Ahead of the Women’s March on Washington on Jan. 20, an event that brought nearly 500,000 people to the U.S. capital, women artists gathered in New York to display and celebrate their feminist art.
Their group exhibition, “Uprise / Angry Women,” kicked off on Jan. 17 as an effort organized by artist Indira Cesarine to benefit the ERA Coalition and Fund for Women’s Equality. The show highlights work by women of color, queer women and women with disabilities, featuring artists from places including Argentina, South Korea and the American Midwest. The artists range in age from 17 to 70.
“This isn’t an exhibit about one segment of the population. This is an exhibit of women in America today,” Cesarine told The Huffington Post.
One work by mixed-media artist Ruth Rodriguez depicts a sketch of a woman overlaid on a color-mixing guide. Much of Rodriguez’s work combines the bright lines of paperwork and official documents with fluid images of women reclining. Rodriguez cites Afro-Cuban artists and American pop culture as her influences.
Another work on display, by collagist Yasmine Diaz, makes use of magazine ads depicting a suited man and two chipper secretaries grinning above and beneath his hulking frame.
“Art has always played a significant role when it comes to representing the sentiments of the populous, and this particular exhibit aims to reflect a true mirror of how many American women are feeling right now,” Cesarine said.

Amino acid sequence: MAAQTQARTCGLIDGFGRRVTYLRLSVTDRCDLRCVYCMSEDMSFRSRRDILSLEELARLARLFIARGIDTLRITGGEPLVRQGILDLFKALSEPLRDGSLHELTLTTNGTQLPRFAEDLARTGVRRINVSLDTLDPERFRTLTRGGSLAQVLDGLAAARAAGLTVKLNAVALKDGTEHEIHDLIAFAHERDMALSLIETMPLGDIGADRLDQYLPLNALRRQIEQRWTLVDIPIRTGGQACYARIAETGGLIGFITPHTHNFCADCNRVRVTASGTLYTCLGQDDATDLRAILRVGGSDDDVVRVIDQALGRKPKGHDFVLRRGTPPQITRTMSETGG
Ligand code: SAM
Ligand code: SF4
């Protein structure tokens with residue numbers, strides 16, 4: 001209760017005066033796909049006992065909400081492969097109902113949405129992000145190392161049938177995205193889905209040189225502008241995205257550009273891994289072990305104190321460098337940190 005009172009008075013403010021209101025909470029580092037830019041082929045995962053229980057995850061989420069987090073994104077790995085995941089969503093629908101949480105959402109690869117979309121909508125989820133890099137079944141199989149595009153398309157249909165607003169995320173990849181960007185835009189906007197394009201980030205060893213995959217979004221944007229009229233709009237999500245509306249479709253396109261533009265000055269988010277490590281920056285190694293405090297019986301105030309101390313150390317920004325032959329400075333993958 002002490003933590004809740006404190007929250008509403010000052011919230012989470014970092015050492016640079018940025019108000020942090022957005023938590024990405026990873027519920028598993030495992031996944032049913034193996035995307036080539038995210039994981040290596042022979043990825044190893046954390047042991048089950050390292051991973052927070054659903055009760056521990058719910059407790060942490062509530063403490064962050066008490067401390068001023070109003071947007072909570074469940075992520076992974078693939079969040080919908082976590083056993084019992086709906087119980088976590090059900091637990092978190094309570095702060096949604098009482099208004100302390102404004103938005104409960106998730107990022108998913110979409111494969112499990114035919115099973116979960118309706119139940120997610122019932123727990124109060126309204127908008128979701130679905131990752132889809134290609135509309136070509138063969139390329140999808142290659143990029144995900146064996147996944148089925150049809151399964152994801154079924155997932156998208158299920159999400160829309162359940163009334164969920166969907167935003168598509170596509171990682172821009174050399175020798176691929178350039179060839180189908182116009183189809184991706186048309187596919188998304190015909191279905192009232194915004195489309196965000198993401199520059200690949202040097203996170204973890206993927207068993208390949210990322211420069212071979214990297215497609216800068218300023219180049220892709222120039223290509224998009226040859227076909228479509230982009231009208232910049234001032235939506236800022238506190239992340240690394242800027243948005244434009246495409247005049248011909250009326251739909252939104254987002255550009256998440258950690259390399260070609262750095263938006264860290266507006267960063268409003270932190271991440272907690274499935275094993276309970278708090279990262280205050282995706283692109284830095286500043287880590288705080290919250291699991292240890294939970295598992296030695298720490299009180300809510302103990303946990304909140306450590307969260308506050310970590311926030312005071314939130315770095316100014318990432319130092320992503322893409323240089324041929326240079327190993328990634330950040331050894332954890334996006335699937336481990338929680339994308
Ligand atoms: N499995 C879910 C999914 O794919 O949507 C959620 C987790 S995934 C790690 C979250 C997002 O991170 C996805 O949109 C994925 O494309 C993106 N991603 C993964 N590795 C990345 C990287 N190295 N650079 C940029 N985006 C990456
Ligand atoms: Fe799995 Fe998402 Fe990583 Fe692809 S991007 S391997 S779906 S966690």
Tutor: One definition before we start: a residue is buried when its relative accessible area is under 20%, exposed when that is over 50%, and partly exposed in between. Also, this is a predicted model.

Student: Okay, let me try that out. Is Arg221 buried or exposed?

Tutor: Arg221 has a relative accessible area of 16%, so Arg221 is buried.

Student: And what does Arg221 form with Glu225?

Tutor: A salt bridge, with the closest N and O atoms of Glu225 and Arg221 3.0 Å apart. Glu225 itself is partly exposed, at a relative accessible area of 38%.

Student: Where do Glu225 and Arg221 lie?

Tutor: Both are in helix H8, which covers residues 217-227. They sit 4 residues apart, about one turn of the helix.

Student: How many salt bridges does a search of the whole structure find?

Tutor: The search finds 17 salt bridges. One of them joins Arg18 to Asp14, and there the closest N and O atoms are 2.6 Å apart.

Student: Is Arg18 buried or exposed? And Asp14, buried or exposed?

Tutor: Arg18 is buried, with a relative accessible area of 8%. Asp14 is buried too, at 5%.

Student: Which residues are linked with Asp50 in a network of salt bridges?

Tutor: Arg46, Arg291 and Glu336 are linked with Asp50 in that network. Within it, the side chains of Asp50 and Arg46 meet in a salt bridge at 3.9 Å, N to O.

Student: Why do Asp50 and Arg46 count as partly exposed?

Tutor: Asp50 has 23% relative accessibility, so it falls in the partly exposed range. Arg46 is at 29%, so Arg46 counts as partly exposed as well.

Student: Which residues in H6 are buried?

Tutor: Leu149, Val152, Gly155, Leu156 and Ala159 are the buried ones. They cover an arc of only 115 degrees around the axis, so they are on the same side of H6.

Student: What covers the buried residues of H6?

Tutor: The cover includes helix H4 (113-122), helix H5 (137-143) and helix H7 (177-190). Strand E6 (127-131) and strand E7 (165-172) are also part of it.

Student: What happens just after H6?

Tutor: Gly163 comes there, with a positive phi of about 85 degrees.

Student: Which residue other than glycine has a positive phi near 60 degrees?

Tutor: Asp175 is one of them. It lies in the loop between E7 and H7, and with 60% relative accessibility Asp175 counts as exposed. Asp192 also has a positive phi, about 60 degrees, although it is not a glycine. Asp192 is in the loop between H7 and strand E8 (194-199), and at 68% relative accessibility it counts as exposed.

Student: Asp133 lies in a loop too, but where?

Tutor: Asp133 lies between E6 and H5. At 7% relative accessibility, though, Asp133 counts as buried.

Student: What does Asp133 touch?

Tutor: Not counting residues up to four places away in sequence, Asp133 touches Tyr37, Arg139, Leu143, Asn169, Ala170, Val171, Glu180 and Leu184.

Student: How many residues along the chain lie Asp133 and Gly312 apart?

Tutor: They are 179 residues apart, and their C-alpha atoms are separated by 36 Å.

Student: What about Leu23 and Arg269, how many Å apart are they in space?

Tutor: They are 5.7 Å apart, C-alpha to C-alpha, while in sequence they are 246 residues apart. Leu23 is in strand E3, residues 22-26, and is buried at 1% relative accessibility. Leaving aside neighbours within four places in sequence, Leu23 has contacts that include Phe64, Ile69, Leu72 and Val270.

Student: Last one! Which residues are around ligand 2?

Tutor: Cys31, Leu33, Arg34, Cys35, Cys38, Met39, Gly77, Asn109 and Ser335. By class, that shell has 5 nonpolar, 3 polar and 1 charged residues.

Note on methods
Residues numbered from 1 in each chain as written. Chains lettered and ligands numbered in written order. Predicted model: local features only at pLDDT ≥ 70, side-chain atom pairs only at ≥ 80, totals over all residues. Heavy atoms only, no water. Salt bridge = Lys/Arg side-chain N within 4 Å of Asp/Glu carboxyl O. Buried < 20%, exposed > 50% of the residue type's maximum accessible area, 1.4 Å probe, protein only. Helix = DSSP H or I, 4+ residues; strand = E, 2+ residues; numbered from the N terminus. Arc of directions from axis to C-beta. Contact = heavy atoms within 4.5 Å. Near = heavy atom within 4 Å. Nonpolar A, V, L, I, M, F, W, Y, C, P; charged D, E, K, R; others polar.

As for the name of the exhibit, Cesarine said it was deliberately chosen to subvert the idea that women with opinions are merely “angry” or unduly emotional. Furthermore, she says that women should feel free to express their anger about topics such as the violent, anti-woman language used by President Donald Trump.
“Women are told from infancy that they have to constantly smile to please others,” Cesarine said. But, she emphasizes, “there is nothing irrational about being angry. It is an emotion we all feel, and I like to encourage women to embrace it and use it as momentum to keep fighting for what they believe in.”
She continued, “The fact that we now have to live in fear of our reproductive rights being stripped away from us is frightening.”
In spite of the exhibition’s title, not all of the artworks on display are overt displays of outrage; some are laced with sadness or made buoyant by humor. A work by Tracy Brown makes use of the offhanded, brightly colored Microsoft Paint aesthetic that harkens back to the 1990s. But she juxtaposes the bubbly look of her work with an emblem of anger: a nail-polished middle finger.
“I think art can help channel a lot of the emotions in a positive way and encourage critical dialogue on the subjects,” Cesarine concluded. “I want viewers to feel the range of emotions and sentiments these artists bring forth in their work, whether is sad, angry, serious or satirical.”
”Uprise / Angry Women” is on view at Untitled Space in New York from Jan. 17 to Jan 28.